Shawn Tully

Why a mean reversion would be mean to the stock market

March 26, 2014: 3:17 PM ET

If the benchmarks used to determine the value of securities were to suddenly reverse course, the "new normal" could soon be history.

By Shawn Tully, senior editor-at-large

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FORTUNE -- Seldom have so many of the metrics that influence stock prices strayed so far from the long-term trends we've come to consider "normal." Corporate earnings are far above what's normal historically, interest rates are way below normal because of Fed intervention, and bond prices that wax when rates wane are hovering at seemingly unnatural heights. The typical investor might echo something Yogi Berra could have said: "I'm confused by the 'new normal' because it's so unusual."

Because so many influential factors are so unusual, investors struggle to determine if stocks are really cheap or at least reasonably priced, or extremely expensive. Wall Street mavens generally argue that equities are a bargain, and urge you to buy more, while usually prescient, quantitative benchmarks show extra-rich valuations, and urge caution. What to believe?

To clear the confusion, let's compare the likely future equity returns from two scenarios. In the first, we assume that the current metrics will remain in place, so that the "new normal" persists for years to come. In the second, we predict that the metrics that have prevailed during most of the past half-century return in force. That's called "mean reversion," the tendency for market rates and ratios to go back to their historic norms, tugged by a kind of gravitational economic force.

To set the framework, it's important to gauge where earnings, dividends, and prices, the determinants of future returns, sit right now. Then we'll examine where they're likely to go in 10 years under the two sets of assumptions. An excellent starting point is the CAPE, or cyclically adjusted price-earnings ratio, developed by 2013 Nobel laureate Robert Shiller of Yale. Instead of using current profits, a highly erratic measure, Shiller employs a 10-year average of inflation-adjusted earnings per share that smoothes the constantly-shifting peaks and valleys -- right now we're at a historic peak. He divides that adjusted earnings number into the current S&P average to arrive at the CAPE.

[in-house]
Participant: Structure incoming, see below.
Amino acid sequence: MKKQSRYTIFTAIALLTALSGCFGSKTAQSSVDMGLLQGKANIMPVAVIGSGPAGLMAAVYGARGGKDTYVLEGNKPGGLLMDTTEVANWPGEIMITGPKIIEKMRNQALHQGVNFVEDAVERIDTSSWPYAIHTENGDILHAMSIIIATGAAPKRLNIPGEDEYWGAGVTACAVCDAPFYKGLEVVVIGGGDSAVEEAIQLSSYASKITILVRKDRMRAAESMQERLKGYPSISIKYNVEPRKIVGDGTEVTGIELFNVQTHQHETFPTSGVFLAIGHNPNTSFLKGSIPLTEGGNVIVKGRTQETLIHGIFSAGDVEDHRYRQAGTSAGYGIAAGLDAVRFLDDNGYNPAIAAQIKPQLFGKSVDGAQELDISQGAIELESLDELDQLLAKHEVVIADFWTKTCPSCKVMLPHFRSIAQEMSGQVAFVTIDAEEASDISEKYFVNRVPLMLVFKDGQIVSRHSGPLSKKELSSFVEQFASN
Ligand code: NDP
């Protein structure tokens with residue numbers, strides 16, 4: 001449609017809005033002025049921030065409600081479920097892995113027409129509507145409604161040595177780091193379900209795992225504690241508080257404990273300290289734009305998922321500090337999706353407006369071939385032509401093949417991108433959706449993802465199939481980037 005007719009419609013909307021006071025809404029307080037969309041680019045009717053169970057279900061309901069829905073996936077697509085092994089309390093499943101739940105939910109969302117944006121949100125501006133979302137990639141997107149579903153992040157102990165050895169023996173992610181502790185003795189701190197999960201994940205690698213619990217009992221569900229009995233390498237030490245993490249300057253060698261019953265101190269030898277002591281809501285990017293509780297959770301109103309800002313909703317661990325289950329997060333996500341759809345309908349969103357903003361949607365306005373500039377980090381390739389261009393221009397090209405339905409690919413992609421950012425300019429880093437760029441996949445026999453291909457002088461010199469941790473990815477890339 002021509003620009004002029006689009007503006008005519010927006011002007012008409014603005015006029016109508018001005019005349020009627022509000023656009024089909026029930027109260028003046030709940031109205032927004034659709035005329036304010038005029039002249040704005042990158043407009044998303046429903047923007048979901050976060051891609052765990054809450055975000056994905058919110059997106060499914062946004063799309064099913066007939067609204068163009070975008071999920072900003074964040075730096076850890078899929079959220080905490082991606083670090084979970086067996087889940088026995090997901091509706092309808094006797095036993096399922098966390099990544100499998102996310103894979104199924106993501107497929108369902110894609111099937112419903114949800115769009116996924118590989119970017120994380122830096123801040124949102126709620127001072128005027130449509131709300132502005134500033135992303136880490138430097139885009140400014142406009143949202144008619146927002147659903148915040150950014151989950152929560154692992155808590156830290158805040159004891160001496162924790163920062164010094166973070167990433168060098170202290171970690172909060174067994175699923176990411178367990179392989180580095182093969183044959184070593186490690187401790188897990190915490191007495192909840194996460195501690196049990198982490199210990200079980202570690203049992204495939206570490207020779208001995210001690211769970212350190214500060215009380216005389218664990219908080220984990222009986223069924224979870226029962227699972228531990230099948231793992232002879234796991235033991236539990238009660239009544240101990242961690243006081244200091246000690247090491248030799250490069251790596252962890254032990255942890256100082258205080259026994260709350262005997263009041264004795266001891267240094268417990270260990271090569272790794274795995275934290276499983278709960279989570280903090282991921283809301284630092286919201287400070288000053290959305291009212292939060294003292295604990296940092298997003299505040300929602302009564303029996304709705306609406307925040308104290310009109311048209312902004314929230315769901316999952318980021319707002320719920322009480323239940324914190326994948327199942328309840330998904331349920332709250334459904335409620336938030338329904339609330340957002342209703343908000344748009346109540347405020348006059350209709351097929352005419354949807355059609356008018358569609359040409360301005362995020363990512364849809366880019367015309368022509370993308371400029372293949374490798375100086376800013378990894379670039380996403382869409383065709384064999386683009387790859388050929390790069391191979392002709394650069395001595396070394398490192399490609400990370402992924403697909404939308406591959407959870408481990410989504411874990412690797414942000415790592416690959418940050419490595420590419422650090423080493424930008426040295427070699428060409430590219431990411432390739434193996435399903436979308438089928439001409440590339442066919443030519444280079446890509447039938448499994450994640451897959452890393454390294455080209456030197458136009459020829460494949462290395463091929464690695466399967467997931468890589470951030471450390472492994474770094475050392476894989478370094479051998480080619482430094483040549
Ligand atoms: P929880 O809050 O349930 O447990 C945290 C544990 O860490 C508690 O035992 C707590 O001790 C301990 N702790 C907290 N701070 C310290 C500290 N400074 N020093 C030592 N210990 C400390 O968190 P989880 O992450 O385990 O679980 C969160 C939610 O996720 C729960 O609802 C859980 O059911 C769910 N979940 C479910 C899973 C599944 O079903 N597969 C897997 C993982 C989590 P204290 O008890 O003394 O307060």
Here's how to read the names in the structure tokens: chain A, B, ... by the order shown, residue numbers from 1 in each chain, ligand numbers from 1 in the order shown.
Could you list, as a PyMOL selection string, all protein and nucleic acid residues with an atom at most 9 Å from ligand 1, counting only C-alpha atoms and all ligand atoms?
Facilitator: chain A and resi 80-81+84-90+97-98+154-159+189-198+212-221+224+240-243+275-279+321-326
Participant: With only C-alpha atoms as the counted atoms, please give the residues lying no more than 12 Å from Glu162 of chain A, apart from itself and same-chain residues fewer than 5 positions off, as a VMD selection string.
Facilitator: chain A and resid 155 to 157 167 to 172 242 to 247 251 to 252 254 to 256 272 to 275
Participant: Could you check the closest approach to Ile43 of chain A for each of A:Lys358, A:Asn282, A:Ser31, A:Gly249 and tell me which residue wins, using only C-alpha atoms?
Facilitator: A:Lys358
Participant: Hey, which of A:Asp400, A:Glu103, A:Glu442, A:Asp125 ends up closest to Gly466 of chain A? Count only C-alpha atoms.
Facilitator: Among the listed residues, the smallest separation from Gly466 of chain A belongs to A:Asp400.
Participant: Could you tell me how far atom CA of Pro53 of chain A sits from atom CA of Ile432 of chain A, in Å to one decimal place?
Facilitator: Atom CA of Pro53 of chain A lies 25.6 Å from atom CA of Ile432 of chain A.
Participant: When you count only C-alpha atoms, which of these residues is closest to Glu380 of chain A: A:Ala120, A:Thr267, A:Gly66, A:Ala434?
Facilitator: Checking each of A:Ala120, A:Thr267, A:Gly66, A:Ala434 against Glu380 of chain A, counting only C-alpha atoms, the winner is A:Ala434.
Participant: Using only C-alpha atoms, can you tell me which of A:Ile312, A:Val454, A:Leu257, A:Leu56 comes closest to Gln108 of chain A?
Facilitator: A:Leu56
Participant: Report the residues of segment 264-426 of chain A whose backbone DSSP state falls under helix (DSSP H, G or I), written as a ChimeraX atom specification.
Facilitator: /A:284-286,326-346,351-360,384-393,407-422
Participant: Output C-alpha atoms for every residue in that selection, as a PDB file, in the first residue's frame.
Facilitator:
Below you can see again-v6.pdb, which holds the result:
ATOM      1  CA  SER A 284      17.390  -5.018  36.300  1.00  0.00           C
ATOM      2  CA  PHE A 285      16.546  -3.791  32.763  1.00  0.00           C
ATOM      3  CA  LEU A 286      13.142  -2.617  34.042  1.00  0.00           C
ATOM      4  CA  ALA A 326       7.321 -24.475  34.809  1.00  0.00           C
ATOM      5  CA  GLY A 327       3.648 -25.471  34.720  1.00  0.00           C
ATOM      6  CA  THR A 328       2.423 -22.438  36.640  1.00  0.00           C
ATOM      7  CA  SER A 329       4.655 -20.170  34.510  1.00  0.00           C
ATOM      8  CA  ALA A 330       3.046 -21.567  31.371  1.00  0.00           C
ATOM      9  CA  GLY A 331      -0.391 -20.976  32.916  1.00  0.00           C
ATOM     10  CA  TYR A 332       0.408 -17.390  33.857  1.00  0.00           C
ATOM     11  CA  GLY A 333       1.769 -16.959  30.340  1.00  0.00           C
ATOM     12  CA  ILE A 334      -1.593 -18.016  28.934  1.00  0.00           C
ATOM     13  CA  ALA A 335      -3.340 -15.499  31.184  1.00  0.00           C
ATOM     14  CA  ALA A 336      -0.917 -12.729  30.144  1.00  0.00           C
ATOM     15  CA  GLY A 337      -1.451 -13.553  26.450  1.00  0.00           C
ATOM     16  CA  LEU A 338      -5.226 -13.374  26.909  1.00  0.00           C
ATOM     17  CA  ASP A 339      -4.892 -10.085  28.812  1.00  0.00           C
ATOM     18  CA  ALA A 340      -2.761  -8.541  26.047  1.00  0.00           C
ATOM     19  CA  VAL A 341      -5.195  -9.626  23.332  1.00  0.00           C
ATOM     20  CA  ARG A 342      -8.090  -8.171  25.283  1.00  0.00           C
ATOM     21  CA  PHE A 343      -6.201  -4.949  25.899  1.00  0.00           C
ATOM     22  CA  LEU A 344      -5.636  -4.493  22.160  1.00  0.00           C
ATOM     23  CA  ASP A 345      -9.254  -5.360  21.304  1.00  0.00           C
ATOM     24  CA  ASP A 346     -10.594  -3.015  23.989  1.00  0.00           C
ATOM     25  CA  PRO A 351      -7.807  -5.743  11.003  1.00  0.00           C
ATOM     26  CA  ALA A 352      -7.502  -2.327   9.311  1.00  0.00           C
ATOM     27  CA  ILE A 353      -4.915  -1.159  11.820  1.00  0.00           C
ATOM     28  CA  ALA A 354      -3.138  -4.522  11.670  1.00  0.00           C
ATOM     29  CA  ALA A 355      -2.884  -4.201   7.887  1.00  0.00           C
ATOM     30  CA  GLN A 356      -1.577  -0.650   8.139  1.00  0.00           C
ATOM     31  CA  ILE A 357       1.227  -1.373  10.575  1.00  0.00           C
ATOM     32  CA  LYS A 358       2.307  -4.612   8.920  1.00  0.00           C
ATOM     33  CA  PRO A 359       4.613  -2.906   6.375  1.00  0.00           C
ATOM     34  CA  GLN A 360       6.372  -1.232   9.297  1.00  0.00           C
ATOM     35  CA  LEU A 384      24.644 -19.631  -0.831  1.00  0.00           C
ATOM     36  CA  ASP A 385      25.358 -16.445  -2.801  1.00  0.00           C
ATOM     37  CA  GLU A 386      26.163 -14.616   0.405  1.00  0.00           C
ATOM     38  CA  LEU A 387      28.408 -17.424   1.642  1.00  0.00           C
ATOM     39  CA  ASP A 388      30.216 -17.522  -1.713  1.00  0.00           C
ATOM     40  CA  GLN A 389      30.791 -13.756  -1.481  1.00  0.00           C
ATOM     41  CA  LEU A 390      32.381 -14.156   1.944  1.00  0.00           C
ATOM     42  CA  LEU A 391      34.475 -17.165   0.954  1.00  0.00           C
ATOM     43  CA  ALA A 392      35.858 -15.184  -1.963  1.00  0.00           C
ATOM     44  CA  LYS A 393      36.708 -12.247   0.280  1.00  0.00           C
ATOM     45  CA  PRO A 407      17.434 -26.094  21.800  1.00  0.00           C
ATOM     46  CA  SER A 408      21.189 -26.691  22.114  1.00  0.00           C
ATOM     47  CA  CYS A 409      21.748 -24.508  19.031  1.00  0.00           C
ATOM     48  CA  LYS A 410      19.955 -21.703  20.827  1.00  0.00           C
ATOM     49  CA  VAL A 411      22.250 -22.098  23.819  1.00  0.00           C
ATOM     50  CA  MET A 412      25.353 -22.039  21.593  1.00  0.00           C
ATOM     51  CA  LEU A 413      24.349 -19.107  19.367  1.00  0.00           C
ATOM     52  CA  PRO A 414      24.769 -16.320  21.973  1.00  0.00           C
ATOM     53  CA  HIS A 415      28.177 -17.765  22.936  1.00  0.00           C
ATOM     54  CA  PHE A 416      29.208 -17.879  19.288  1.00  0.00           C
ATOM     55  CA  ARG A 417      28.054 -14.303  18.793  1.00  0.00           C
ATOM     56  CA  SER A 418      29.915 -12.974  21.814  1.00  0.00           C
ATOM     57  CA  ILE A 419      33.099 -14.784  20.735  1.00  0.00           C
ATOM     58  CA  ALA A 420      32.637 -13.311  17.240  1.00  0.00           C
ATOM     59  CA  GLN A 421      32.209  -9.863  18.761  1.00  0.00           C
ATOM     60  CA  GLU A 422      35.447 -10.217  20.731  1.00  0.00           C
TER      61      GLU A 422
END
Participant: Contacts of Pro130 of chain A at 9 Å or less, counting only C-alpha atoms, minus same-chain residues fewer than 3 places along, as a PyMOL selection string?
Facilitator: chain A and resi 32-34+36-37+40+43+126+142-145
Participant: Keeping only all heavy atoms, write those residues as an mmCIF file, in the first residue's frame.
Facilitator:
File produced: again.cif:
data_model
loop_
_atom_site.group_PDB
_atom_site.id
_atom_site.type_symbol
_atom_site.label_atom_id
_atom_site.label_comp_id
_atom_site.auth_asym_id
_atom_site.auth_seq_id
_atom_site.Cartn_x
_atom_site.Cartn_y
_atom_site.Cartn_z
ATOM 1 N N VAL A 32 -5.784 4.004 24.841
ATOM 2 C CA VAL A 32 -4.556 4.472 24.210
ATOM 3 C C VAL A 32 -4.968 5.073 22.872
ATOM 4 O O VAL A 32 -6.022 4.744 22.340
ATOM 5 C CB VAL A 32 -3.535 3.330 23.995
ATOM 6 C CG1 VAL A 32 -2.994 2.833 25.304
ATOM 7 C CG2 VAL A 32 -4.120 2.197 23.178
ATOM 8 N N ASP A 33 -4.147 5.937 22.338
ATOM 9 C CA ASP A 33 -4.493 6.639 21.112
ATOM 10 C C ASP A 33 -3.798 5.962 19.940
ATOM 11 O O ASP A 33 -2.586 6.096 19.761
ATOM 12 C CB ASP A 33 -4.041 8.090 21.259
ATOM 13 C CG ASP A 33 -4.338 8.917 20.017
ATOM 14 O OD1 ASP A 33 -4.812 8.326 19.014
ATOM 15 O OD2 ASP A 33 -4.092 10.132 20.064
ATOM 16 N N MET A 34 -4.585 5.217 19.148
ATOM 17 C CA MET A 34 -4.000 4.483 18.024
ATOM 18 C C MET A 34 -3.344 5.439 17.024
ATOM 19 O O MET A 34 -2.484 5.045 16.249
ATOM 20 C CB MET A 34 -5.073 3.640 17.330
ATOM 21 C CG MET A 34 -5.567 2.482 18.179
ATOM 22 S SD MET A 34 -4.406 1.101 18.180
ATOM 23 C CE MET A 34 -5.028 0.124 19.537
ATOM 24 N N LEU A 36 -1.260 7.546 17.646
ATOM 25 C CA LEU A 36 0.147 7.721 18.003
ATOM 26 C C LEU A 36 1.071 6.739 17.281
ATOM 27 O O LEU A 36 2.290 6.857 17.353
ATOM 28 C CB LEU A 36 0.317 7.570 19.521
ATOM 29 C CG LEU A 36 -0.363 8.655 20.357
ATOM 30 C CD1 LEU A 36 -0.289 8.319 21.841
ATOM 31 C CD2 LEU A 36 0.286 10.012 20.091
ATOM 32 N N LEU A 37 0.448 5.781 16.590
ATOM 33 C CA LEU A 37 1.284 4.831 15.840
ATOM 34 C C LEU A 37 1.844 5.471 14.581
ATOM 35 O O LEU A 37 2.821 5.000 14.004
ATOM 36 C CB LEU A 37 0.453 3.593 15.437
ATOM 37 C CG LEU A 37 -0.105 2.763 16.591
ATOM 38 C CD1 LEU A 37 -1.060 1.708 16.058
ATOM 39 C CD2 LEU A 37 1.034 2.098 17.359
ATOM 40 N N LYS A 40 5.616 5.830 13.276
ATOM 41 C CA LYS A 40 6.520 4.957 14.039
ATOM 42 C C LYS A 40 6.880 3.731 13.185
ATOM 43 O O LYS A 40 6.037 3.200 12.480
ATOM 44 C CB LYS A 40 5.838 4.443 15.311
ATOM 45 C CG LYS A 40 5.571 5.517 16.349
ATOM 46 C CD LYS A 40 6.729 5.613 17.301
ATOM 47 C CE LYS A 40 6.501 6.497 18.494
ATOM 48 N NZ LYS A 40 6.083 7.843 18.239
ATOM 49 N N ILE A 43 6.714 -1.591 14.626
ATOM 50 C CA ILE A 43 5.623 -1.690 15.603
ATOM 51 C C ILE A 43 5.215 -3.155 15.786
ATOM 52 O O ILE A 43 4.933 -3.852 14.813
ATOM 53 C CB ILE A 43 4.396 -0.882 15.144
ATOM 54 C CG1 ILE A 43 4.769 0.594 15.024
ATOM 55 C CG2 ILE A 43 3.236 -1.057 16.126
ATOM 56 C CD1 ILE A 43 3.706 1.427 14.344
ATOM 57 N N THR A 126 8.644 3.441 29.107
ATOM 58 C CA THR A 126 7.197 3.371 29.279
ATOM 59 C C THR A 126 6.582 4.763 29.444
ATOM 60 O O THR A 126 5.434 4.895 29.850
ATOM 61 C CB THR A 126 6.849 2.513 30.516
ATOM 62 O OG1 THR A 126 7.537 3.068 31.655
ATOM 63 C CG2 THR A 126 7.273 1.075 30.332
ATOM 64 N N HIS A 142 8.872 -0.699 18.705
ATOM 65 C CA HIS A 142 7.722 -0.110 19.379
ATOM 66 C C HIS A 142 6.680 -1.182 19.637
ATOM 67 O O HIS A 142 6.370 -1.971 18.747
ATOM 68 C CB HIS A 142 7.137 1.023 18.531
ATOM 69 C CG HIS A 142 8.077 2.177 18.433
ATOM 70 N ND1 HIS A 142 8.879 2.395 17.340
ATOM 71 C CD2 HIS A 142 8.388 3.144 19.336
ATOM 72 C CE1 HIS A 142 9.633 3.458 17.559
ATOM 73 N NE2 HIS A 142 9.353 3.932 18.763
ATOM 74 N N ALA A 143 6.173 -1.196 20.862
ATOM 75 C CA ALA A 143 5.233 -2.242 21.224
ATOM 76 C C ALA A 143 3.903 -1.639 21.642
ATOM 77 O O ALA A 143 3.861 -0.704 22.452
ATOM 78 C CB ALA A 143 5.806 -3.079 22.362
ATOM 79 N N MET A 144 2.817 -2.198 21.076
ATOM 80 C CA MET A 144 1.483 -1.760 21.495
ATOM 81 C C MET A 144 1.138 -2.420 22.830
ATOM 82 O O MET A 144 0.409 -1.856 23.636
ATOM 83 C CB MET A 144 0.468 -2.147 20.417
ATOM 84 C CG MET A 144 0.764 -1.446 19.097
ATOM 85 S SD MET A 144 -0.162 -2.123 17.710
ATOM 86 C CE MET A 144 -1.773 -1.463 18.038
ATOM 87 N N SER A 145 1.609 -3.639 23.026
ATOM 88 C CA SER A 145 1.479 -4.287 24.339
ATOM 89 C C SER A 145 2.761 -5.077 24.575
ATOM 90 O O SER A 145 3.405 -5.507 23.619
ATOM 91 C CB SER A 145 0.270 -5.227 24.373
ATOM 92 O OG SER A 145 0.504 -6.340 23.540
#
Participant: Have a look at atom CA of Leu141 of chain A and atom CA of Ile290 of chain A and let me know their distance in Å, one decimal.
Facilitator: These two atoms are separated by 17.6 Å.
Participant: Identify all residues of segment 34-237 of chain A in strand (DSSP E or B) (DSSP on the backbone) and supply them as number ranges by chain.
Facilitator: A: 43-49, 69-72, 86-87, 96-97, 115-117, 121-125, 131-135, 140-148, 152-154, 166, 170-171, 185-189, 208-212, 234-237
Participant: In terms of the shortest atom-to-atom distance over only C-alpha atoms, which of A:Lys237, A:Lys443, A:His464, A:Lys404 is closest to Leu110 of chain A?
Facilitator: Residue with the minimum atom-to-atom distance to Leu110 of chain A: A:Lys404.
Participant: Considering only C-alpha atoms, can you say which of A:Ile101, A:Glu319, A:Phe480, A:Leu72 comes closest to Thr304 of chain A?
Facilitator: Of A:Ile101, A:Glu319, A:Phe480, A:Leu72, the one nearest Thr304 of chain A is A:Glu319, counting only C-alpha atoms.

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Why trust the CAPE? Two of the best minds investing, Rob Arnott of Research Affiliates and Cliff Asness of AQR Capital agree with Shiller that it's either the best, or one of the best, measures of whether stocks are cheap or dear, and an excellent guide to future returns. Put simply, the lower the CAPE, the better the gains in the decade to come, WI.

Today, the CAPE stands at 25.4. Like almost every market metric out there, the current CAPE is way out of the ordinary -- on the high side. The average CAPE over the last two decades is around 18, and for the past century, a couple of points lower.

For our first, "now is our future" assumption, we'll project that the CAPE stays at its current level for the next decade. That means investors will get an inflation-adjusted return equal to the inverse of the CAPE, or the "earnings yield," of 3.93%, let's call it 4%. (If a company's PE or CAPE is 25, its earnings yield must be 4%.)

The total expected return is that 4% plus inflation of around 2%, or a total of 6%. That return comes in two parts. The first is the dividend yield of around 1.6% a year (large companies today pay out about 40% of their profits), and the second is earnings-per-share growth of 4.4% annually. Keep in mind that earnings per share increase at a far slower rate than overall corporate earnings that over long periods track GDP, because companies typically issue large numbers of shares each year, in excess of buybacks, to fund their plans for expansion.